(See point 2). This means that they each exercise, and continue to exercise, the powers of parental authority (‘custody’ of the child, exercise of the child’s right to education, exercise of the right to administer legally and use the child’s property) and that neither parent can make a decision on their own that prevents the other parent from exercising his/her own prerogatives. One parent must therefore obtain the agreement of the other parent, otherwise he/she cannot act. However, with regard to the child’s ‘custody’ for example, the parent with whom the child lives will duly take decisions regarding daily routines, good manners, etc. With respect to third parties (acting in good faith), each parent is deemed to act with the agreement of the other when carrying out an act of parental authority alone (Article 373 of the Civil Code).
Under Article 572bis(4°) of the Judicial Code, the family court hears applications regarding parental authority, living arrangements or rights of contact with regard to minor children. The documents to be attached to the application depend on the action brought.
Some cases that fall within the jurisdiction of the family court, such as cases regarding parental authority, living arrangements or right of contact, are deemed to be urgent by law and can be brought by inter partes application, summons or joint petition. Such cases are decided by an interim ruling. If the case is brought by summons, the time-limit is at least two days (see Article 1035, second paragraph, of the Judicial Code). In other cases, the initial hearing must take place within a maximum of 15 days from the application being filed with the court registry (Article 1253ter/4(2) of the Judicial Code).
In all cases involving minor children, the parties must appear in person not only at the initial hearing, but also at hearings during which questions regarding the children are discussed and at hearings of oral argument (Article 1253ter(2), first and second subparagraphs, of the Judicial Code). Furthermore, any minor is entitled to be heard on relevant issues regarding parental authority, living arrangements and right of contact (Article 1004/1(1) of the Judicial Code).
The ordinary rules apply in this respect (see ‘Legal Aid - Belgium’ fact sheet).
In the case of a divorce by mutual consent, where the parties have agreed on the arrangements for exercising parental authority, where the public prosecutor has given an opinion and where the family court has approved the agreements and granted the divorce, there are, in principle, no grounds for lodging an appeal.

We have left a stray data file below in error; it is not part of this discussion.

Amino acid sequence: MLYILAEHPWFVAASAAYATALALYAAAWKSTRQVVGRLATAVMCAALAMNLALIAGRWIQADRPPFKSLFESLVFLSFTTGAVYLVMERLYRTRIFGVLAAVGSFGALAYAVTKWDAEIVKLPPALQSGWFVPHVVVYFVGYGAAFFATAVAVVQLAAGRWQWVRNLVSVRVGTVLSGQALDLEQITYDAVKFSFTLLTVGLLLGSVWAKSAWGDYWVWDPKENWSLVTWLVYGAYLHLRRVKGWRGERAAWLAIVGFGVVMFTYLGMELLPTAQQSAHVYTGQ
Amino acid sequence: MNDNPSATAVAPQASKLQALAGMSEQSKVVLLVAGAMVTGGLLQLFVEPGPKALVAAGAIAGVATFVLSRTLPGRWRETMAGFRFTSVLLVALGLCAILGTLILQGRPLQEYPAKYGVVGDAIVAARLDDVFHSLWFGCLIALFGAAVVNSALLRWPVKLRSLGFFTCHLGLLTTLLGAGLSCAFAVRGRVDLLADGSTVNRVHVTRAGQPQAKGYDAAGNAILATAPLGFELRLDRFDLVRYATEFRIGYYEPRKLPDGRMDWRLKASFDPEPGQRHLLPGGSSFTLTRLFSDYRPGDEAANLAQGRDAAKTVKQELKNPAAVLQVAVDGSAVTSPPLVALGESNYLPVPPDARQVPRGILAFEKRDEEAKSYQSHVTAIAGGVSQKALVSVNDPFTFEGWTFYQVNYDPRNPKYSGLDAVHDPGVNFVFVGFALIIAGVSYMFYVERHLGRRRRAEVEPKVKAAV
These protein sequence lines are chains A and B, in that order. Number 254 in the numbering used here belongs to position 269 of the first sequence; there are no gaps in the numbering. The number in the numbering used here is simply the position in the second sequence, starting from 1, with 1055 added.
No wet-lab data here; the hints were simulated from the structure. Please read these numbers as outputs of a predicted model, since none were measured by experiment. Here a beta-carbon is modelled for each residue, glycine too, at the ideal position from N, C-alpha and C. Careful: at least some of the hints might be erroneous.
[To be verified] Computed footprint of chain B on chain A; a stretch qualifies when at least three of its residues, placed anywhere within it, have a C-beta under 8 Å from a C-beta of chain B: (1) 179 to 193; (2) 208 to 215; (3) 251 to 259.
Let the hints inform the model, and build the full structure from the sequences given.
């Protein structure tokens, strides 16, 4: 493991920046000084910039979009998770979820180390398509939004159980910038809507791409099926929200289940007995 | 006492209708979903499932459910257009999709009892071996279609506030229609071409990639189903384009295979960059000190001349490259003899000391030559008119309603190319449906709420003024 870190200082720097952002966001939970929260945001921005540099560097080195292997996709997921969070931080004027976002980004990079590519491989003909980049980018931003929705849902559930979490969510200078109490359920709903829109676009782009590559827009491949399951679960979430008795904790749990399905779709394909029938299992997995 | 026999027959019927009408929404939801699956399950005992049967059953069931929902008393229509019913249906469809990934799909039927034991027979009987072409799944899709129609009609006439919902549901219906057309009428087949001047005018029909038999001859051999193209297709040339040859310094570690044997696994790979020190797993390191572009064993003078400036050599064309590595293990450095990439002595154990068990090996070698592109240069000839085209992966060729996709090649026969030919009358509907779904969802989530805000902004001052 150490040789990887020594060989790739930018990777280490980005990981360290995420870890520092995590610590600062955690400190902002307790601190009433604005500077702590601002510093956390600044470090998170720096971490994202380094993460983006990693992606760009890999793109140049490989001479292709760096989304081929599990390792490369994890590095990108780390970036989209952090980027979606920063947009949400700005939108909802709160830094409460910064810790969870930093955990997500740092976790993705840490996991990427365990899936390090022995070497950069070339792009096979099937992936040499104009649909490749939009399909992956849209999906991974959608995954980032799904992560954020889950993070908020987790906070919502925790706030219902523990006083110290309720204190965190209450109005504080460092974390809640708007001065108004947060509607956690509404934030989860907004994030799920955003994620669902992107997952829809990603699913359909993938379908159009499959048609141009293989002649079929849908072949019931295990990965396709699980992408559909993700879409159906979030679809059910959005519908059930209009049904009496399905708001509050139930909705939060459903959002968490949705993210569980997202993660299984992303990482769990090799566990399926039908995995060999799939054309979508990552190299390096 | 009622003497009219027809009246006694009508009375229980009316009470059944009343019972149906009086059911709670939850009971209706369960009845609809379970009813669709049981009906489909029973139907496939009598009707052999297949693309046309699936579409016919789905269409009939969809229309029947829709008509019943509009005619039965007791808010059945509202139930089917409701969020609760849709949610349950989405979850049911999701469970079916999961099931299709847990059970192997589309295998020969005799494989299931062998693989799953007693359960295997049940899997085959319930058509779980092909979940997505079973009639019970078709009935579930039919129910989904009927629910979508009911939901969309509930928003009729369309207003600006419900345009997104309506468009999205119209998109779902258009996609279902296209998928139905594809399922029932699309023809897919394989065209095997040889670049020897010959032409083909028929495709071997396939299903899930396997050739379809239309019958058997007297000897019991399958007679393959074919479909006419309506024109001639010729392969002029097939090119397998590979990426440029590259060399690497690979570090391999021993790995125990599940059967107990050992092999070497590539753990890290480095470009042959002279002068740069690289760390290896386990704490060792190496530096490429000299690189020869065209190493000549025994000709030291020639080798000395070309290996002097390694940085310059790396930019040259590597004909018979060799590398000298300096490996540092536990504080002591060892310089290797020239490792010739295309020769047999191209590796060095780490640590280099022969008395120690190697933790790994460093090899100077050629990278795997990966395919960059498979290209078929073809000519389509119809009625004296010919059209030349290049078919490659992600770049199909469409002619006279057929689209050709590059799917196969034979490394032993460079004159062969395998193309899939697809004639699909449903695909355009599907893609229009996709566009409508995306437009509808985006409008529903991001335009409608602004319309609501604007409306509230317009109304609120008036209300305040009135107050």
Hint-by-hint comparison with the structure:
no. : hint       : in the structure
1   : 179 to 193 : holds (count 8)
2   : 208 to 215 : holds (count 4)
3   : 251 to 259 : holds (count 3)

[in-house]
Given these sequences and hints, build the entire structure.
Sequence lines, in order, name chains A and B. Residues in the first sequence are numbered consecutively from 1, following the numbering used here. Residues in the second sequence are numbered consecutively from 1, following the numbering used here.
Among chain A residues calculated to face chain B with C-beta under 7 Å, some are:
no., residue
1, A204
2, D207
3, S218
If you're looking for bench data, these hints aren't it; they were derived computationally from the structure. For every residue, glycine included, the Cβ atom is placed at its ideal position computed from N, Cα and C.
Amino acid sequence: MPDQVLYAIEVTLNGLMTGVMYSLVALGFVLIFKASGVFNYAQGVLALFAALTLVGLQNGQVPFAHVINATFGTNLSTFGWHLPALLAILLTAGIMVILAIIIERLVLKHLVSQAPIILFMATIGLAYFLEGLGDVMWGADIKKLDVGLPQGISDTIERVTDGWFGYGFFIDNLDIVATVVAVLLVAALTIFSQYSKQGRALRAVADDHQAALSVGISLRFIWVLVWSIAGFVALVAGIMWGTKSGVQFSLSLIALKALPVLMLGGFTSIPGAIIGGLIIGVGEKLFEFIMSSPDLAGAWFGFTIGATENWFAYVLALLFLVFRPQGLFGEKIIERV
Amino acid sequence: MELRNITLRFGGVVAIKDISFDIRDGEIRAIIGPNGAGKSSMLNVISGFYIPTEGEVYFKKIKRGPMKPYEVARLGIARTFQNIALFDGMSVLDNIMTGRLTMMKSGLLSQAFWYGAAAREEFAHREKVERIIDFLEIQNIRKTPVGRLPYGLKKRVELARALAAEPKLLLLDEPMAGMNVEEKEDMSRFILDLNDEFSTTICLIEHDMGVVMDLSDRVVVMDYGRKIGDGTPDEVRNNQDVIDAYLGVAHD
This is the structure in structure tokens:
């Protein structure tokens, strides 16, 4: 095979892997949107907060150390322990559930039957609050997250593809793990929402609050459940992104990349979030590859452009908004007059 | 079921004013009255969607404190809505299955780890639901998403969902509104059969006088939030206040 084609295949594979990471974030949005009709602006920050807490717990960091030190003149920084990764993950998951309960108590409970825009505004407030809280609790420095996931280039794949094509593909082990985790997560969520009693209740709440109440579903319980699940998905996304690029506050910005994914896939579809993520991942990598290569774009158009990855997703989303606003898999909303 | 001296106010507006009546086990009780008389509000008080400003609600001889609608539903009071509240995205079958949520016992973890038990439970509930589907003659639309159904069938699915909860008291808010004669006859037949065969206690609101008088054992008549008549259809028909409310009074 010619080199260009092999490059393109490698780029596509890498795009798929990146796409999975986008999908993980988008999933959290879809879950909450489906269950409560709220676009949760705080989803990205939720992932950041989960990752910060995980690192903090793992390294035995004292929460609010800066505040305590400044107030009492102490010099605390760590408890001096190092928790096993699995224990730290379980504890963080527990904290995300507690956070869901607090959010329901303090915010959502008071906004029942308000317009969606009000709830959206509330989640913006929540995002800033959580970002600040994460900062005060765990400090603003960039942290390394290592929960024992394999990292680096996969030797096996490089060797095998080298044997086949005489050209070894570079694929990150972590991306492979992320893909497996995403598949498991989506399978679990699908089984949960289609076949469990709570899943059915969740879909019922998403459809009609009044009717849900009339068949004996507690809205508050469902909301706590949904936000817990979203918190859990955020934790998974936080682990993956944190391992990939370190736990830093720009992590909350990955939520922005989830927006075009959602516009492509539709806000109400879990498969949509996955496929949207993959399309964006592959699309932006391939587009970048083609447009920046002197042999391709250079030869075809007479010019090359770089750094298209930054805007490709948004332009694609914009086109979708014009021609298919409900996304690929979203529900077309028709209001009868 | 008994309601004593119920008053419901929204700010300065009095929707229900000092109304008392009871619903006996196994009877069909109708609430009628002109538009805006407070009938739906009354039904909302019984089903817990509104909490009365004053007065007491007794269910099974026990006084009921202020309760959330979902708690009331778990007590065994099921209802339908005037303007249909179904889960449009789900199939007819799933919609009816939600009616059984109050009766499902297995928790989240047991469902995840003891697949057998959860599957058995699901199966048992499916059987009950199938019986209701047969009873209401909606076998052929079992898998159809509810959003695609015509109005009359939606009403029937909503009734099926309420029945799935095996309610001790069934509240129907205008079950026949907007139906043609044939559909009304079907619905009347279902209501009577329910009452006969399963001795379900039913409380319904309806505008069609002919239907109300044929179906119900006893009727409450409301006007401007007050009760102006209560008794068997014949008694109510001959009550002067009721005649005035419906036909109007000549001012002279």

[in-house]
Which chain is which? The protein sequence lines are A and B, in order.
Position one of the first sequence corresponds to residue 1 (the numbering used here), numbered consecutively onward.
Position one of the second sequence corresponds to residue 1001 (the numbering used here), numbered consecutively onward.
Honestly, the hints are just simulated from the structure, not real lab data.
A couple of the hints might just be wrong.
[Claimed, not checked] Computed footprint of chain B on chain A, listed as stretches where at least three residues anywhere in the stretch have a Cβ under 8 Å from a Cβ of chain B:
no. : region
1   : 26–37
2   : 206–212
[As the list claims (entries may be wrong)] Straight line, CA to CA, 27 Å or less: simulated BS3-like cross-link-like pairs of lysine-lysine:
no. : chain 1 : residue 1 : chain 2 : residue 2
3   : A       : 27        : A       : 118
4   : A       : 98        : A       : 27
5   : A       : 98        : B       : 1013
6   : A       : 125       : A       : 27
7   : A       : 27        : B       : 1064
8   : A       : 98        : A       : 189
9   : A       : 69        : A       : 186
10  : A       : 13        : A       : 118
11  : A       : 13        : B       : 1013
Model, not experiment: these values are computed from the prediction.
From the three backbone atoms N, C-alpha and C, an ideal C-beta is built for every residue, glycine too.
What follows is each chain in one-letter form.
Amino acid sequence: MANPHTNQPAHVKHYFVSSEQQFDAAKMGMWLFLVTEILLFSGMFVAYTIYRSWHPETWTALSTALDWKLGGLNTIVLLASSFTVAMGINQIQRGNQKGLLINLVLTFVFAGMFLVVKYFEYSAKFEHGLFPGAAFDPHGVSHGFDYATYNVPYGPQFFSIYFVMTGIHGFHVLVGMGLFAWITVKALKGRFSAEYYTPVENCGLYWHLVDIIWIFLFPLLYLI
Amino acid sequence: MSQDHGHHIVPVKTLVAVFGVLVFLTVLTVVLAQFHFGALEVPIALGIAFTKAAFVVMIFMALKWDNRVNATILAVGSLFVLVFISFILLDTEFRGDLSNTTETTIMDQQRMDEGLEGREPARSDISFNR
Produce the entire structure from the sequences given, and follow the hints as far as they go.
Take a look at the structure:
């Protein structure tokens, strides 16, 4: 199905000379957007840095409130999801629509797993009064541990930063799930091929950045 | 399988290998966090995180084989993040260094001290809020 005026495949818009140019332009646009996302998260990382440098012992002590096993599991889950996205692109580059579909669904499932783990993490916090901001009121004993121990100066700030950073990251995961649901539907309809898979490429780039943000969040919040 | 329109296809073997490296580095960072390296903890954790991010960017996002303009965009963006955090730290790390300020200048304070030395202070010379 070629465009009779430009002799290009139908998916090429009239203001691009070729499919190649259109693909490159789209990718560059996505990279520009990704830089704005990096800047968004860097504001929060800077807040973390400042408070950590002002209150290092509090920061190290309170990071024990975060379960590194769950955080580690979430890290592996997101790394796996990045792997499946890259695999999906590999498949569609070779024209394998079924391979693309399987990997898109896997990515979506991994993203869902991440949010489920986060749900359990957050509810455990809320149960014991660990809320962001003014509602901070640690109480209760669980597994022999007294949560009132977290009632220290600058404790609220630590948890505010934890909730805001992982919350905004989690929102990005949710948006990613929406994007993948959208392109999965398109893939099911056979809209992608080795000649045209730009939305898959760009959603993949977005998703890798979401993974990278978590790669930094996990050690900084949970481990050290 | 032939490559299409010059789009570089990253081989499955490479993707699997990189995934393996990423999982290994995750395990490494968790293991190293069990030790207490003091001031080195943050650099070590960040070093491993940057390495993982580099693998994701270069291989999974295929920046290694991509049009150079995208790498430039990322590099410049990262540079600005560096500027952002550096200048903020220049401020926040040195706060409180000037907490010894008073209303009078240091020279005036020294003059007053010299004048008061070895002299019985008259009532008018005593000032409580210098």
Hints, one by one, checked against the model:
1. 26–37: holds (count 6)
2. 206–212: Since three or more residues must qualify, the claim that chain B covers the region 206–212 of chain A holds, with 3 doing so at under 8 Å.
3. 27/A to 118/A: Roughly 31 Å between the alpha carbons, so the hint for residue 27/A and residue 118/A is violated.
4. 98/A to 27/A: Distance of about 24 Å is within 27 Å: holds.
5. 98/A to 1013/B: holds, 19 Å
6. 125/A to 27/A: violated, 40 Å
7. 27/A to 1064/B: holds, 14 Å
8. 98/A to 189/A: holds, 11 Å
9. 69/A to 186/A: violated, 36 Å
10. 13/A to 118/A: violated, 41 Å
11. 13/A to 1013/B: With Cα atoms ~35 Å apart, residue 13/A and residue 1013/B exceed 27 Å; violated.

In other cases, a decision regarding parental authority can be appealed within a time-limit that is normally one month. This time-limit runs from service of the judgment or its notification (appeal against an order made on a unilateral application). Delivery of the judgment is sometimes delayed (for example, at the public prosecutor’s request) in order to extend the time-limit.
The family court that has decided the schedule for a child to live with each parent or that has confirmed a parent’s or even a third party’s right of contact can subsequently add enforcement measures to its decision (Article 387ter(1), fifth subparagraph, of the Civil Code). The court specifies the nature of these measures and the arrangements for their implementation, taking into account the child’s interests, and, if considered necessary, appoints persons authorised to accompany the court officer in enforcing the decision. The family court can set a periodic penalty payment to ensure that the decision is respected.
Since 1 March 2005, pursuant to Council Regulation (EC) No 2201/2003, known as ‘Brussels IIA’, all decisions taken in a Member State (except Denmark) that concern parental responsibility are, in principle, automatically recognised. However, with the exception of decisions regarding rights of access and return of an abducted child, enforcement presupposes that an application for enforcement has been made to the family court, which will decide by an interim ruling.
This simplified procedure does not, however, apply to decisions given before this date outside of divorce proceedings. In this case, it would be advisable to follow the usual procedure for recognition and enforcement.
Any interested person can apply to the family court to obtain non-recognition of a decision given abroad. The family court can suspend proceedings if the decision in question is under appeal in its country of origin.
The Belgian courts in principle apply the law of the child’s habitual residence.
However, the law of the State of which the child has nationality applies if the law of the habitual residence prevents the child’s person or property from being duly protected. Belgian law applies when it is materially or legally impossible to take the measures stipulated by the foreign law in question.